MANILA, Philippines—The country’s first microsatellite, Diwata-1, on Saturday, March 26 has reached the International Space Station (ISS) through its carrier, US commercial spacecraft Cygnus.
Diwata-1 will be unloaded from Cygnus in the next few weeks, said Dr. Carlos Primo David, executive director of the Philippine Council for Industry, Energy and Emerging Technology Research and Development (PCIEERD) of the Department of Science and Technology (DOST). Diwata-1 is expected to be fully deployed in the third week of April.
The 50-kg Philippine Earth Observation Microsatellite is the first microsatellite designed, developed and assembled by Filipinos. Under the PHL-MICROSAT program, seven engineers from the University of the Philippines and two researchers from DOST’s Advanced Science and Technology Institute (DOST-ASTI) teamed with Japan’s Tohoku University and Hokkaido University to build the Philippine’s first microsatellite.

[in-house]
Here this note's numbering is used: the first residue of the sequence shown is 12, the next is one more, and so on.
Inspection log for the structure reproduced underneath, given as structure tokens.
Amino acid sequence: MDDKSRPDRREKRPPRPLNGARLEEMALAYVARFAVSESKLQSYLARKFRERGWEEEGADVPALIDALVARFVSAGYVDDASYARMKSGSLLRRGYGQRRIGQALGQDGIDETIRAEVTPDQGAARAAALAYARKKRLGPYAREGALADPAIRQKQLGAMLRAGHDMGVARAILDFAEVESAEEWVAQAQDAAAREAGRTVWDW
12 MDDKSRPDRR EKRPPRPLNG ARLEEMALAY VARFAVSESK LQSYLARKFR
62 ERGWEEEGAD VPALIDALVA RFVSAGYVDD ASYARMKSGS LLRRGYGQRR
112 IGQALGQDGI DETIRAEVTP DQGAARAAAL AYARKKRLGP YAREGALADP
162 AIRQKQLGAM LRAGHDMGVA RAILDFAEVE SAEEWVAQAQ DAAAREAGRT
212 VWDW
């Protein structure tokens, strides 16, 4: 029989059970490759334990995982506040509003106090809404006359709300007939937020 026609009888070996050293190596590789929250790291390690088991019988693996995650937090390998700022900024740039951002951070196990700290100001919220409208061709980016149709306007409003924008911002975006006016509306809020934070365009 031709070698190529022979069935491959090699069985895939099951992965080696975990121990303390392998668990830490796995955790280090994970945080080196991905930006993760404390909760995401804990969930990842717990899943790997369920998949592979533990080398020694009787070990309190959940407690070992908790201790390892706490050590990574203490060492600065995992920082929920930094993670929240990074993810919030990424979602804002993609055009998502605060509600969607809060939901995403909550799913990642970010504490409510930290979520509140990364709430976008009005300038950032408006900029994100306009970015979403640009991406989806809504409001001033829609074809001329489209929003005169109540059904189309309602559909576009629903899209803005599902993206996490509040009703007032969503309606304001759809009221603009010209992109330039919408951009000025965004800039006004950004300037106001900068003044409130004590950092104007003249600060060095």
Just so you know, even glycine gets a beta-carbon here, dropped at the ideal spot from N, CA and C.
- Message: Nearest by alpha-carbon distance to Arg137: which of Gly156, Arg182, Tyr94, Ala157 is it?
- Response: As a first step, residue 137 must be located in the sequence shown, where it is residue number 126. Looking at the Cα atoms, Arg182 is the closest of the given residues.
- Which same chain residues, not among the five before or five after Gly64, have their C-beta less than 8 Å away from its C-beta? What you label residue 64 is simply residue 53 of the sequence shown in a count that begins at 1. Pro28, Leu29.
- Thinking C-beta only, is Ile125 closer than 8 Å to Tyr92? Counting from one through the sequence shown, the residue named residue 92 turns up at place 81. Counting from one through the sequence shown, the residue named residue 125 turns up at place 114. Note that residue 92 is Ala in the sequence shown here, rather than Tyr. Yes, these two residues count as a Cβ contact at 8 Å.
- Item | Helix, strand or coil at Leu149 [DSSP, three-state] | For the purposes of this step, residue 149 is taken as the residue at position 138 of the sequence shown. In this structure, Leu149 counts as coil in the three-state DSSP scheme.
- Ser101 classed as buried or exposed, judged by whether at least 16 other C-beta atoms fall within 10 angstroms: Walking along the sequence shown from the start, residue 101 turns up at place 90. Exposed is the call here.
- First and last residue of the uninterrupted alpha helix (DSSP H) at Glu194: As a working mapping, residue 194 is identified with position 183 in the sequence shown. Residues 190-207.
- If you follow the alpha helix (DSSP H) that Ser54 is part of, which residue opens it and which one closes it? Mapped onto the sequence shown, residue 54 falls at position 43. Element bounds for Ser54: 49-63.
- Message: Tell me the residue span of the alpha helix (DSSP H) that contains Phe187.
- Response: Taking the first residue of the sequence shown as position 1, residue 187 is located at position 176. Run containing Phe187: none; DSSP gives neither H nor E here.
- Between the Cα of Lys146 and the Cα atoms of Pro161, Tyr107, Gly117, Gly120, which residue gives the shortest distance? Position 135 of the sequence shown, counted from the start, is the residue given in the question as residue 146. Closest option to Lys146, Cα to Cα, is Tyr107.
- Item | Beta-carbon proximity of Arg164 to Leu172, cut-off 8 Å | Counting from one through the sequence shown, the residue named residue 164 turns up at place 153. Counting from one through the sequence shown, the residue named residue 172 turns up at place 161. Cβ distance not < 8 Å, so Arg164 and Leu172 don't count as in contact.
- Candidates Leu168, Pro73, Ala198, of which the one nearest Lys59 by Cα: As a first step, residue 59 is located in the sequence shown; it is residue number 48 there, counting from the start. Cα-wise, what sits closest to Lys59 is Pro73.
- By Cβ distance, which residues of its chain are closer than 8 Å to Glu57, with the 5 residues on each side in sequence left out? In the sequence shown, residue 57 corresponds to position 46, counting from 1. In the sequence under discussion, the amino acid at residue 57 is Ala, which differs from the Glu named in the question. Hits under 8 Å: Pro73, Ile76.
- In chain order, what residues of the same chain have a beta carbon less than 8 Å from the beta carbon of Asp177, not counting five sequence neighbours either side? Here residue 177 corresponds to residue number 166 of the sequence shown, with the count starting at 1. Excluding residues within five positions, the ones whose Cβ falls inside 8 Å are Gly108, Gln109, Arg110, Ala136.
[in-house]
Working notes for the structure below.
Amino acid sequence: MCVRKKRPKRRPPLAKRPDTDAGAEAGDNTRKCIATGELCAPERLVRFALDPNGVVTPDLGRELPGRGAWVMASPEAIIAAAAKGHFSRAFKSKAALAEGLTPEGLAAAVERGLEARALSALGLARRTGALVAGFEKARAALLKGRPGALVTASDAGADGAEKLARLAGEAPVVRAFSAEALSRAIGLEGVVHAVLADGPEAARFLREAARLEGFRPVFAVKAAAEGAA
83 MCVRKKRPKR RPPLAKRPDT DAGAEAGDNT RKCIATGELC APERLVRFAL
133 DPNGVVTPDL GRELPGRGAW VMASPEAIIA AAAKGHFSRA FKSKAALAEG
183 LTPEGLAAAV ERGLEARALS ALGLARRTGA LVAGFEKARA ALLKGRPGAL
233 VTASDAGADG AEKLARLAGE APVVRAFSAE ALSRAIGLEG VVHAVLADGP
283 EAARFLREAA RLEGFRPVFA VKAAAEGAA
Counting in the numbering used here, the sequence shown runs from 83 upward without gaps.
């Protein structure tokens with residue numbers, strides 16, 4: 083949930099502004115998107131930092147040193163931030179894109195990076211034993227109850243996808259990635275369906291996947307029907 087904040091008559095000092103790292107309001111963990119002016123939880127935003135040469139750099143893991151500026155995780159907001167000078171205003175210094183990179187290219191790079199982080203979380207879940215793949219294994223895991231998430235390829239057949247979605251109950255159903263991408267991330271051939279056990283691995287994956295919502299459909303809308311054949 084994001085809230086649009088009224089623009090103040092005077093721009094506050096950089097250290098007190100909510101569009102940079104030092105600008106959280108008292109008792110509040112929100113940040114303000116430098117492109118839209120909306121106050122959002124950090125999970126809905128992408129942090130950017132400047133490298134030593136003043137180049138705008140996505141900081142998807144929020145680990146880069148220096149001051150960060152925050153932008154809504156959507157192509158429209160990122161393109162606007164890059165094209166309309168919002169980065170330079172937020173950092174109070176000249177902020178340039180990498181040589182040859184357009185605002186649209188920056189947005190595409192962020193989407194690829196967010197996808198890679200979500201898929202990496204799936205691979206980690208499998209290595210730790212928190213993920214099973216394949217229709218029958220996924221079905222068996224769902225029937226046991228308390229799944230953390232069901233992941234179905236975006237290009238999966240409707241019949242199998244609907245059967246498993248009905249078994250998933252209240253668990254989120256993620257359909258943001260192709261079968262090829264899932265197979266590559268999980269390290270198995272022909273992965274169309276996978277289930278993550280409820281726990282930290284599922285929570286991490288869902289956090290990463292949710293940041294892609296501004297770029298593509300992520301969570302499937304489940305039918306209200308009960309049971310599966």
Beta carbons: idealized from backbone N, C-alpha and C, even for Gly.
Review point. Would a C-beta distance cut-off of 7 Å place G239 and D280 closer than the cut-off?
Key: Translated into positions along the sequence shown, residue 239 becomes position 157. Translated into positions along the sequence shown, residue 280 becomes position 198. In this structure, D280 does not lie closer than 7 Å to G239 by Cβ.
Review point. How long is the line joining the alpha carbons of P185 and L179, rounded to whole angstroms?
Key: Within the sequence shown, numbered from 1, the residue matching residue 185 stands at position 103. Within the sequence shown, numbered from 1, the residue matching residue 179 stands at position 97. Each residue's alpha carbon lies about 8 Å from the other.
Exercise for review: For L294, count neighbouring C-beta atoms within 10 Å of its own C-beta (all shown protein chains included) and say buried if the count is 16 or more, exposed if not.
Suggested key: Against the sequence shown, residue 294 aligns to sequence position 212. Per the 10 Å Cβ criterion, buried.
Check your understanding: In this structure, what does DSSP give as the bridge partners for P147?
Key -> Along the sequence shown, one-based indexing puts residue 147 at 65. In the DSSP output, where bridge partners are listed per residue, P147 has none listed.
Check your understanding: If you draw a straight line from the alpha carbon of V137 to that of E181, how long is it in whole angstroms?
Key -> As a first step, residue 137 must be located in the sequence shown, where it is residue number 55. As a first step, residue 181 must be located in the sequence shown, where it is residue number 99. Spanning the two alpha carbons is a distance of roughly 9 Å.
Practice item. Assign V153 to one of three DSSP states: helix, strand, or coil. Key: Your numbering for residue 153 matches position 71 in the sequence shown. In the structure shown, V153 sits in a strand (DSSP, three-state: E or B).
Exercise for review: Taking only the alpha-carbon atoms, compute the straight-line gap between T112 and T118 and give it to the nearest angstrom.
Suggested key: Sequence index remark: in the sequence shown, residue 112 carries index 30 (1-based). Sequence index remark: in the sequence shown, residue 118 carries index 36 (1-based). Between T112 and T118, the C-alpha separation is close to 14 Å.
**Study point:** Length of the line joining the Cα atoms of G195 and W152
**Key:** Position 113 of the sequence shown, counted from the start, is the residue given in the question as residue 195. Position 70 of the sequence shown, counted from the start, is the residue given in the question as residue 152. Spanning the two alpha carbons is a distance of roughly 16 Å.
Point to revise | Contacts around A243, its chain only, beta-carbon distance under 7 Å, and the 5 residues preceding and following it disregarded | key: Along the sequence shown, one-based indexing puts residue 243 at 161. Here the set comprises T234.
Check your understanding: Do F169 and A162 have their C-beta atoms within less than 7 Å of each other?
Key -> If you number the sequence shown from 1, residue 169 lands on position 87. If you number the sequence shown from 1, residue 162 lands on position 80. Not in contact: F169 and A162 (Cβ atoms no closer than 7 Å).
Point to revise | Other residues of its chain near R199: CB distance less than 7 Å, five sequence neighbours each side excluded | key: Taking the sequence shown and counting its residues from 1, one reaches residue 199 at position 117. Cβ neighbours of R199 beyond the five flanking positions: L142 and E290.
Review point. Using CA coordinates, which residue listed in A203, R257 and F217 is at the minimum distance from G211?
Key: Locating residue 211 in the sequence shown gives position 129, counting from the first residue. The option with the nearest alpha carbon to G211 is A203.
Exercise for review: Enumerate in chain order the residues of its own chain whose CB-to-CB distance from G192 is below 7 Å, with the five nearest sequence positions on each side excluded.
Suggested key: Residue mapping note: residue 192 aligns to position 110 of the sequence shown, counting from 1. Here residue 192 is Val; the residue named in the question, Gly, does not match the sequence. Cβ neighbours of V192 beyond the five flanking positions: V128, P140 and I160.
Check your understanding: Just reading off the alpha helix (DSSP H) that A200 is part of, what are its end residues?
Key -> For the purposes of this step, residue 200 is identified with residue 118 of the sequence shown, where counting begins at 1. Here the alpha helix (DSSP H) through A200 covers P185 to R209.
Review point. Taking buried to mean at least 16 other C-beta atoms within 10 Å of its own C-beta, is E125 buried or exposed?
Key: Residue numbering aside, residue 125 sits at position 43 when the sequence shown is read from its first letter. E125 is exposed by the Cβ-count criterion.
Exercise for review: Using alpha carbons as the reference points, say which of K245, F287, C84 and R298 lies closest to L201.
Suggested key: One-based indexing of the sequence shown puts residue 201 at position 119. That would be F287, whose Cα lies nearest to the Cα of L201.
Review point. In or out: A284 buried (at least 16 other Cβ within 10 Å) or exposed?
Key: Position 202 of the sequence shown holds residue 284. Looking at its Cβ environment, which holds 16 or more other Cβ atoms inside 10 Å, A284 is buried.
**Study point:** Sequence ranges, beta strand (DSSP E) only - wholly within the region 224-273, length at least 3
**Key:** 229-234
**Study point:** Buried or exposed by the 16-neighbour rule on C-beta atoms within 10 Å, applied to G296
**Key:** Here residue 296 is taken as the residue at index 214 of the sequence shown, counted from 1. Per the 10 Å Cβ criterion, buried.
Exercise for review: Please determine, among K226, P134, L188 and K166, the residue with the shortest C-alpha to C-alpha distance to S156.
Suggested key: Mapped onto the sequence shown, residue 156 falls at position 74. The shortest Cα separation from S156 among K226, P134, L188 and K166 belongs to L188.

Diwata-1, a low earth orbit (LEO) satellite will fly 400km above the Earth.
It will be used to scale the damages caused by natural disasters. It will also monitor changes in cultural and natural heritage sites, vegetation, and oceans productivity using its high precision telescope (HPT) and spaceborne multispectral imager (SMI) with LCTF.
Its wide field camera will accurately predict weather disturbances while its middle field camera will determine the locations of images taken by the microsatellite.
The data and images that Diwata-1 would gather will be sent to Philippine Earth Data Resources and Observation (PEDRO) Center at Subic Freeport in Zambales where these data will be processed into information that will be disseminated to government agencies.
As part of PHL-MICROSAT 3-year program, the project will launch another Filipino-made microsatellite, Diwata-2, in 2017.